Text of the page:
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khalid01 user not visiting

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Posted: 25 Sep 07, 18:58 Edit this post Reply to this post Reply with Quote

KHALID Phone Plaza
We are a Standard mobile phones distributor , We deal with phones like Nokia , Samsung , Qtek , Imate , Sony Ericsson ,Motorola Sidekick , Palm Treo and Nextel , which are all very cheap.

They are Brand New/Unlocked and they come with complete accessories.They also come with 1year international warranty. Note : If you buy two you will get one for free.

if interested contact us at
Nokia 6125 ....$150
Nokia 6136 ....$160
Nokia 6265i .....$140
Nokia 6282 ......$170
Nokia 8800 .....$175
Nokia 770 .....$165
Nokia 8801 .....$180
Nokia E50 ......$130
Nokia E61i......$170
Nokia E70 .....$150
Nokia N70 .....$155
Nokia N71 .....$165
Nokia N72....$175
Nokia N80 .....$190
Nokia N90 ....$190
Nokia N91 .....$200
Nokia N92 ....$220
Nokia N93 .....$200
Nokia N93i.....$250
Nokia N95 .....$300
Nokia N75 ....$350
Nokia 8800 Sirocco Edition ..$250

Motorola Mpx 300........$300
Motorola A1200 .....$170
Motorola A910.....$130
Motorola E1070 .....$135
Motorola L6 Candybar RAZR ....$140
Motorola Q .....$230
Motorola Rokr E2 ....$190
Motorola V1050.....$145
Motorola V195 ....$135
Motorola V3 (Gold) Edition ....$130
Motorola V3c RAZR for Verizon.....$135
Motorola V3i Dolce & Gabbana .....$165
MOTOROLA V3x (PINK) .....$140
Motorola W220 GSM .....$180
Mitac MIO 8930.........$280

HTC P3600.....$200

Toshiba Phones:
Toshiba 902T.....USD$180
Toshiba 903T.....USD$185
Toshiba 904T.....USD$190
Toshiba TX60.....USD$230
Toshiba TX62.....USD$220
Toshiba TX80.....USD$230

Xplore Phones:
Xplore M70.....USD$175
Xplore M98.....USD$160

I-Mate JAM ....$190
I-Mate JAMin ....$200
I-Mate JASJAR .....$300
I-Mate K-Jam .....$210
I-Mate Smartflip .....$220
I-Mate SP5 .....$130
I-Mate SP5m ....$120

Philips Phones:
Philips 766........USD$165
Philips 768........USD$175
Philips 968........USD$175
Philips S900......USD$160

Sharp Phones:
Sharp 703SH....USD$170
Sharp 903SH....USD$245
Sharp GX29......USD$175
Sharp SX633.....USD$230

Samsung U700...$300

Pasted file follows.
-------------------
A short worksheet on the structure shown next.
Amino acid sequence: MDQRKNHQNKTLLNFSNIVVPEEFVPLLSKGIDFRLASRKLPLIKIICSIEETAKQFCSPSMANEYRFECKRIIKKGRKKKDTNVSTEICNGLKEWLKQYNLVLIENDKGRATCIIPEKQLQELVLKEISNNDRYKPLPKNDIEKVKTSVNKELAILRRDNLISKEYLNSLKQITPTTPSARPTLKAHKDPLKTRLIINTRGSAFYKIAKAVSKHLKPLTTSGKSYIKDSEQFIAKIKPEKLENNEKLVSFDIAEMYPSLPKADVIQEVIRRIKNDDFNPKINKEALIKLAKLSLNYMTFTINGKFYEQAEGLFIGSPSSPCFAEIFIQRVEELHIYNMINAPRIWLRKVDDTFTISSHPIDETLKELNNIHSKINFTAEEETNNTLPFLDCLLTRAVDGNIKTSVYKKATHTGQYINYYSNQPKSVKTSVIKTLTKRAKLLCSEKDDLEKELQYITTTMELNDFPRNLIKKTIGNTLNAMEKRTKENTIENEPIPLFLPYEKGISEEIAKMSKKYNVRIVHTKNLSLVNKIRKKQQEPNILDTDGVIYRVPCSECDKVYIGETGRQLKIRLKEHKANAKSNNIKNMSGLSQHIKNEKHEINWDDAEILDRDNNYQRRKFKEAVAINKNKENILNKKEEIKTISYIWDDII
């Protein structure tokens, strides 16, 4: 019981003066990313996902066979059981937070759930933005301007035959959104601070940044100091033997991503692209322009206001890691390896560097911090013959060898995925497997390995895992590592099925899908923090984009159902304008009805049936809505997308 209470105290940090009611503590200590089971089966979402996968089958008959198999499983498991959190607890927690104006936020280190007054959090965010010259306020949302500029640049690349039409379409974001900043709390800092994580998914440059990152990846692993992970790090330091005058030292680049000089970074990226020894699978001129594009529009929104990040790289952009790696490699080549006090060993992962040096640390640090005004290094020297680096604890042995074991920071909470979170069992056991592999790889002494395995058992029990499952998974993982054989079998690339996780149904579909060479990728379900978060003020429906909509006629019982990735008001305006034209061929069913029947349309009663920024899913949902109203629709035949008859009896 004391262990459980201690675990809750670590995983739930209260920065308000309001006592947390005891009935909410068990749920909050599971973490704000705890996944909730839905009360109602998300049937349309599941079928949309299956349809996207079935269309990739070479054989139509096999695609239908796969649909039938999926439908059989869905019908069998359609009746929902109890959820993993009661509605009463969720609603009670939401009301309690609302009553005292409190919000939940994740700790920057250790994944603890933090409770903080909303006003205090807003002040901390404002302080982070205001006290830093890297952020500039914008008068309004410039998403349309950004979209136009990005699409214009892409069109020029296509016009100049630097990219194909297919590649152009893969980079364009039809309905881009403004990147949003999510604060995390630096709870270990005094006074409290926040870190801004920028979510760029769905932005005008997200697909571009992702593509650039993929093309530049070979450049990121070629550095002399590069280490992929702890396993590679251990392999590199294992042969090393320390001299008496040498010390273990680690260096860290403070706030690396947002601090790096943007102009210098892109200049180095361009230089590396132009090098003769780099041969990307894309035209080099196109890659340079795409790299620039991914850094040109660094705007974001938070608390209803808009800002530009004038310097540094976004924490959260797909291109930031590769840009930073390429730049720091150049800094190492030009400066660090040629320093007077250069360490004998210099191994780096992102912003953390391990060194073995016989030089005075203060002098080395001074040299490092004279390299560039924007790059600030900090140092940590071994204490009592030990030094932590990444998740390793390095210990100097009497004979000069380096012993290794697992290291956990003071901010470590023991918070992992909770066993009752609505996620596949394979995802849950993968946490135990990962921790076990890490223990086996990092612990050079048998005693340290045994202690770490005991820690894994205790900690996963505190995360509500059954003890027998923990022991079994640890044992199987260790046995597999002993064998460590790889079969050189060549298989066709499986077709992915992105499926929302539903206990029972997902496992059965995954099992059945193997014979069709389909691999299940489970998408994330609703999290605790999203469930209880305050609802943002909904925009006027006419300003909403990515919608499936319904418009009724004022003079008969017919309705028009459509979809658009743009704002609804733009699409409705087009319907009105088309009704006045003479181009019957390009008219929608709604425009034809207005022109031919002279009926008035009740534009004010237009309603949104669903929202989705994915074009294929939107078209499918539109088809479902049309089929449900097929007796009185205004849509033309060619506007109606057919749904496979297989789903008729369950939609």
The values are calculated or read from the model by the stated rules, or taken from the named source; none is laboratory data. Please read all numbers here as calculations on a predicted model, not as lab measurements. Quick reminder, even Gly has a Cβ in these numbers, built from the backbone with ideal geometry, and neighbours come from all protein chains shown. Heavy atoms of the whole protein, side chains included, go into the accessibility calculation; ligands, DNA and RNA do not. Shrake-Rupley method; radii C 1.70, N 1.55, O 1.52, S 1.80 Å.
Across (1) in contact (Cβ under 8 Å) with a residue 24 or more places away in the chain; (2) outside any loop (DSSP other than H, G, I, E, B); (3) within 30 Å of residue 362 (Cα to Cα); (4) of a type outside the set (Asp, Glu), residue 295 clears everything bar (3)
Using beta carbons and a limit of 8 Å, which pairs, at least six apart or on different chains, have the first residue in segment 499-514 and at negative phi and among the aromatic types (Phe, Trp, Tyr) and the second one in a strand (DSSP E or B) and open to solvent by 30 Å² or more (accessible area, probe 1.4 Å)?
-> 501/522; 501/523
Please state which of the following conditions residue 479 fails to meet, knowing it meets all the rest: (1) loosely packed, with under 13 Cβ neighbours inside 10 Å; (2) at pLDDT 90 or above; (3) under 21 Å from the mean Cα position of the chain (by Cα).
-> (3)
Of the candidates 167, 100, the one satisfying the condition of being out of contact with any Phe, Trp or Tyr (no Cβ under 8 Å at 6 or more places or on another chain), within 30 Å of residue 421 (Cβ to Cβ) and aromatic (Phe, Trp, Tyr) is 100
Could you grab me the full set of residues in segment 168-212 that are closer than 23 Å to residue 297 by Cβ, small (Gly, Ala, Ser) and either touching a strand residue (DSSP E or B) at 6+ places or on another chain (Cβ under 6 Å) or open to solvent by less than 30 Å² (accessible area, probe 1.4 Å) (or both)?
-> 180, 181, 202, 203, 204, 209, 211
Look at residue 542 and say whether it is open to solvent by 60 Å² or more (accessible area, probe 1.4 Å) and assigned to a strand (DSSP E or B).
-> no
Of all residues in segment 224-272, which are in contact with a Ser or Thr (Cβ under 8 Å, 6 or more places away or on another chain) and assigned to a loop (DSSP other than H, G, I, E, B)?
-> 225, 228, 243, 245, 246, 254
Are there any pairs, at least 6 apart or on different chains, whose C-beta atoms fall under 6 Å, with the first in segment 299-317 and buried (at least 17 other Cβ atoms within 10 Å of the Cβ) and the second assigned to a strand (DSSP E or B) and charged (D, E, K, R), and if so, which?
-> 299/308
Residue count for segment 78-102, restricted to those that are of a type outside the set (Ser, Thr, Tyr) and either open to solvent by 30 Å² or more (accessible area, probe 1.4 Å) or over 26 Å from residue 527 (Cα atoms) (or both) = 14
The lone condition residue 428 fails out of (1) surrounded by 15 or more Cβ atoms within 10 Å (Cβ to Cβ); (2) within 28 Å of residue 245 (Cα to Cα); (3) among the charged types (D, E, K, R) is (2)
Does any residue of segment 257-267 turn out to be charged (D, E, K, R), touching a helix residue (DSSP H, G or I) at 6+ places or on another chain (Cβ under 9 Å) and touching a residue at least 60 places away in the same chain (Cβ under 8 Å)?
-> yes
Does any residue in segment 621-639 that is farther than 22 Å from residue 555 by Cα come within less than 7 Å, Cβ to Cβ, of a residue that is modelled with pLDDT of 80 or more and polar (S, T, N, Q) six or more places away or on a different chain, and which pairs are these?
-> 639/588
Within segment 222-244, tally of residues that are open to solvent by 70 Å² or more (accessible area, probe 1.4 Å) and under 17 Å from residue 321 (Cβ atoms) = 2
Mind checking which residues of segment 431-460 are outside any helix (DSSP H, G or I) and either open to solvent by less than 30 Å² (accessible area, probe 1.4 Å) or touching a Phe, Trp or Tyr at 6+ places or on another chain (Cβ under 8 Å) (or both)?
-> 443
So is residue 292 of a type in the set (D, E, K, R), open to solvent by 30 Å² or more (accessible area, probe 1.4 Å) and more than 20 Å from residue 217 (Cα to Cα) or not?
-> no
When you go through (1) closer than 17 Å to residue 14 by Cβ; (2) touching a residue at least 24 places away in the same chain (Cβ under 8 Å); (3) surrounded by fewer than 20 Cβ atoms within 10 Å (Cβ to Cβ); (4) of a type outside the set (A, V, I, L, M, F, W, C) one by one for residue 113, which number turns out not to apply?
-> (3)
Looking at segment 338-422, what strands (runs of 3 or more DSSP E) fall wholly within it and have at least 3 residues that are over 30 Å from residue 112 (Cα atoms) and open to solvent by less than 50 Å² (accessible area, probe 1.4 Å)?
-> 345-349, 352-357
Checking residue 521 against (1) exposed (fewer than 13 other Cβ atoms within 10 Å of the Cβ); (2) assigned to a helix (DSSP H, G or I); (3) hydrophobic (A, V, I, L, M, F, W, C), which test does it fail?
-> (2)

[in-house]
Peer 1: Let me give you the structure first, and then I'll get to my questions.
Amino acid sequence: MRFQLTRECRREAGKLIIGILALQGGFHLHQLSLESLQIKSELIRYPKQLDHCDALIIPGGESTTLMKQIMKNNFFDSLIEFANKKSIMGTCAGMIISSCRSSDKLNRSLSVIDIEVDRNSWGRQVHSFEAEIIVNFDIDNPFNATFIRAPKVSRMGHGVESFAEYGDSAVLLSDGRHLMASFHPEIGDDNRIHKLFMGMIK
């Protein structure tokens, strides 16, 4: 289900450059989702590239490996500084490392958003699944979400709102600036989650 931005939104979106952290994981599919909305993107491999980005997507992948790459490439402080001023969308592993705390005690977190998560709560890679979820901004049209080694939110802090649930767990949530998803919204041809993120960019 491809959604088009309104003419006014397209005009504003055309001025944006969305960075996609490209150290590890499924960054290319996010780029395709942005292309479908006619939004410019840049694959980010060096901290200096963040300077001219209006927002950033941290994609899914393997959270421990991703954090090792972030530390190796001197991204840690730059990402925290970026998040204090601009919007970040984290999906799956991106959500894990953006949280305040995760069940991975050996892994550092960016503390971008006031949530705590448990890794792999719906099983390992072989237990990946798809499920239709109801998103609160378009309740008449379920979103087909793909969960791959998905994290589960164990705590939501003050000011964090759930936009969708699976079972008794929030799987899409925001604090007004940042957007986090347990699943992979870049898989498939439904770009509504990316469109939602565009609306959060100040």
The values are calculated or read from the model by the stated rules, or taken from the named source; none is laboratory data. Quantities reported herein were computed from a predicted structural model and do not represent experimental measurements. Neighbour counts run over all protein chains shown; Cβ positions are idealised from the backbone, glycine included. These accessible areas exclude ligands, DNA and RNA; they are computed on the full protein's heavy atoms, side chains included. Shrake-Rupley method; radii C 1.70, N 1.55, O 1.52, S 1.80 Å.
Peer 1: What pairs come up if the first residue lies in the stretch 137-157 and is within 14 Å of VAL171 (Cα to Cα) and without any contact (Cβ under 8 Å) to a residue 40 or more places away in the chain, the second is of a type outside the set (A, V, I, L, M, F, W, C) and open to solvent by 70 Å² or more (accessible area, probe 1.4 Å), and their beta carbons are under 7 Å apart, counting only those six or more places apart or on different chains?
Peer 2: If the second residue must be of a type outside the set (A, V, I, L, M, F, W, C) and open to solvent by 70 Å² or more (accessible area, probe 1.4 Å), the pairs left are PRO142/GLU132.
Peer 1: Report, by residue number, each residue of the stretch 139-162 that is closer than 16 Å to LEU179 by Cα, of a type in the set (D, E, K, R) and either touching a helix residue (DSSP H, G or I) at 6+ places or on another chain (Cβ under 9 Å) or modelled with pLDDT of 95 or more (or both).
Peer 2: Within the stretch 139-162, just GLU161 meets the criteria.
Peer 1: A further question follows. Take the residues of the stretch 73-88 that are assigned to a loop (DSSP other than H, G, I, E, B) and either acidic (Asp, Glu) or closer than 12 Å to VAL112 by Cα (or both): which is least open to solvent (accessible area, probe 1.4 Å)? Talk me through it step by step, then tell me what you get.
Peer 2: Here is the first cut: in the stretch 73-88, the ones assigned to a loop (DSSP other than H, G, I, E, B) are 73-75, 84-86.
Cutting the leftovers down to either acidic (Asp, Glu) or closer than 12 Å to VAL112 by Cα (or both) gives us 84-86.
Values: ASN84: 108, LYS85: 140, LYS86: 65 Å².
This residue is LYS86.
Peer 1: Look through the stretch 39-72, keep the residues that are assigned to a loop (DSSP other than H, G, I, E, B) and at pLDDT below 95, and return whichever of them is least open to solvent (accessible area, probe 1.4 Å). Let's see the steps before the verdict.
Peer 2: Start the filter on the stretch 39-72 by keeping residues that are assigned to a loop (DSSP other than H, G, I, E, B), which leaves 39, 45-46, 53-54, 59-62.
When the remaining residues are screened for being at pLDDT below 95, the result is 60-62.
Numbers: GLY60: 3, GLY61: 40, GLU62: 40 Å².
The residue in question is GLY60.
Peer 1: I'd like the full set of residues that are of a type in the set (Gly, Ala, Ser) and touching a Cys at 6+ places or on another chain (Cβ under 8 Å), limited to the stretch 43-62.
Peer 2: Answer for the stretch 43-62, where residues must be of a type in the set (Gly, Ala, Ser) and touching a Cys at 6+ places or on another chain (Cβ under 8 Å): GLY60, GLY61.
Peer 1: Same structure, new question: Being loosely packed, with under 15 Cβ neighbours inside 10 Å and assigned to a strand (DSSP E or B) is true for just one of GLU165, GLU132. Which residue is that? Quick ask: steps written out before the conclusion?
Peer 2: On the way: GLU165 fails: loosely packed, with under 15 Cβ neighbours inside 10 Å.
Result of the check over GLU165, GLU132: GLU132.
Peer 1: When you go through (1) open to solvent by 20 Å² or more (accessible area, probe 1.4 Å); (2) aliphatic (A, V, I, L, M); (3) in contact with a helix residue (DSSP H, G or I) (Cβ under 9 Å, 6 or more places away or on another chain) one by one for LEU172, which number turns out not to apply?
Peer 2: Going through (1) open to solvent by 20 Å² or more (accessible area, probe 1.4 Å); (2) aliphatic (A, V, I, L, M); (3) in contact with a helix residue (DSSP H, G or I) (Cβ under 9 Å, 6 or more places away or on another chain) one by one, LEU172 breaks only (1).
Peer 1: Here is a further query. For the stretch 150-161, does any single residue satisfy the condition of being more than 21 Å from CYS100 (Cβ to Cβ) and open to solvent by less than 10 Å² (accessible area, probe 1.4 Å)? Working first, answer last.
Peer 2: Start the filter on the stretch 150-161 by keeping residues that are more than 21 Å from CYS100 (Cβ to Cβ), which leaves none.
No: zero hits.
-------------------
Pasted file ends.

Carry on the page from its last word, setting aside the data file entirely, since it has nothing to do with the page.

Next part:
Samsung P920 .....$245
Samsung I830....$220
Samsung Serene SGH-E910.....$300
Samsung S401i...$180
Samsung D870 .....$200
Samsung Z710 ....$230
Samsung p900 .....$255
Samsung p860 ......$235

Sony Ericsson K310 ....$125
Sony Ericsson K510 ....$135
Sony Ericsson K610 ....$145
Sony Ericsson K790 ....$180
Sony Ericsson K800 ....$170
Sony Ericsson M600 ....$155
Sony Ericsson P990i .........$230
Sony Ericsson W700i ...$130
Sony Ericsson W810 ....$135
Sony Ericsson W850 GSM .....$220
Sony Ericsson W900i ....$230
Sony Ericsson W950 .....$240
Sony Ericsson W960......$280
Sony Ericsson Z710 .....$240
Sony Ericsson p910i.....$165
Sony Ericsson P1i.......$200

O2 XdPhones
O2 Xda Atom.............USD$300
O2 Xda Atom Exec...USD$310
O2 Xda Stealth..........USD$320

Pantech Phones:
Pantech G670............USD$170
Pantech PG-3600V....USD$165
Pantech PG-6200......USD$175
Pantech PG-8000......USD$170
Pantech PG6100........USD$220

Palm Treo 650 GSM A....$120
Palm Treo 700w ....$140
Palm Treo 750w ..$200

Sidekick 2......$110
Sidekick 3......$140
D-Wade Sidekick 3 ..$200
LRG Sidekick 3.....$180

Nextel i930..$140
Nextel i830...$120

Qtek 8100 .....$110
QTEK 8300 .....$120
Qtek 8310 ....$150
Qtek 8500 ....$155
Qtek 8600 ....$200
Qtek 9000 3G Pocket PC .....$250
Qtek 9100 Smartphone / Pocket PC ....$150
Qtek 9600 .....$250
Qtek G100 GPS PPC and Pharos Ostia GPS Software(US Maps}....$155
QTEK S200 GSM/GPRS Pocket PC .....$190
Qtek S300 .... $200
Qtek 2020 .... $210
Qtek s100 .... $170
Qtek 8020 .... $150
Qtek 9090 .... $2

its_a_hard_life 26994 user not visiting

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Posted: 25 Sep 07, 19:10 Edit this post Reply to this post Reply with Quote


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Posted: 25 Sep 07, 19:15 Edit this post Reply to this post Reply with Quote

<font color="#FF00FF">its_a_hard_life wrote:


My thoughts exactly.........

"Normally i can't dance to save my life.

But as soon as I step in dog shit, I can moonwalk better than Michael Jackson."
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Posted: 25 Sep 07, 19:25 Edit this post Reply to this post Reply with Quote


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Posted: 25 Sep 07, 19:33 Edit this post Reply to this post Reply with Quote

<b><font color=007788>?Freya? wrote:


Robbed a bank today, did ya? ;)

Or ya just gonna rob this guy and blame it on some poor soul? :D

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Posted: 25 Sep 07, 19:34 Edit this post Reply to this post Reply with Quote

<font color=FF9900>Mr Mercury</font> wrote:

<font color="#FF00FF">its_a_hard_life wrote:


My thoughts exactly.........

Seriously... I was like... "WTF" face when I read this. XD

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Posted: 25 Sep 07, 19:38 Edit this post Reply to this post Reply with Quote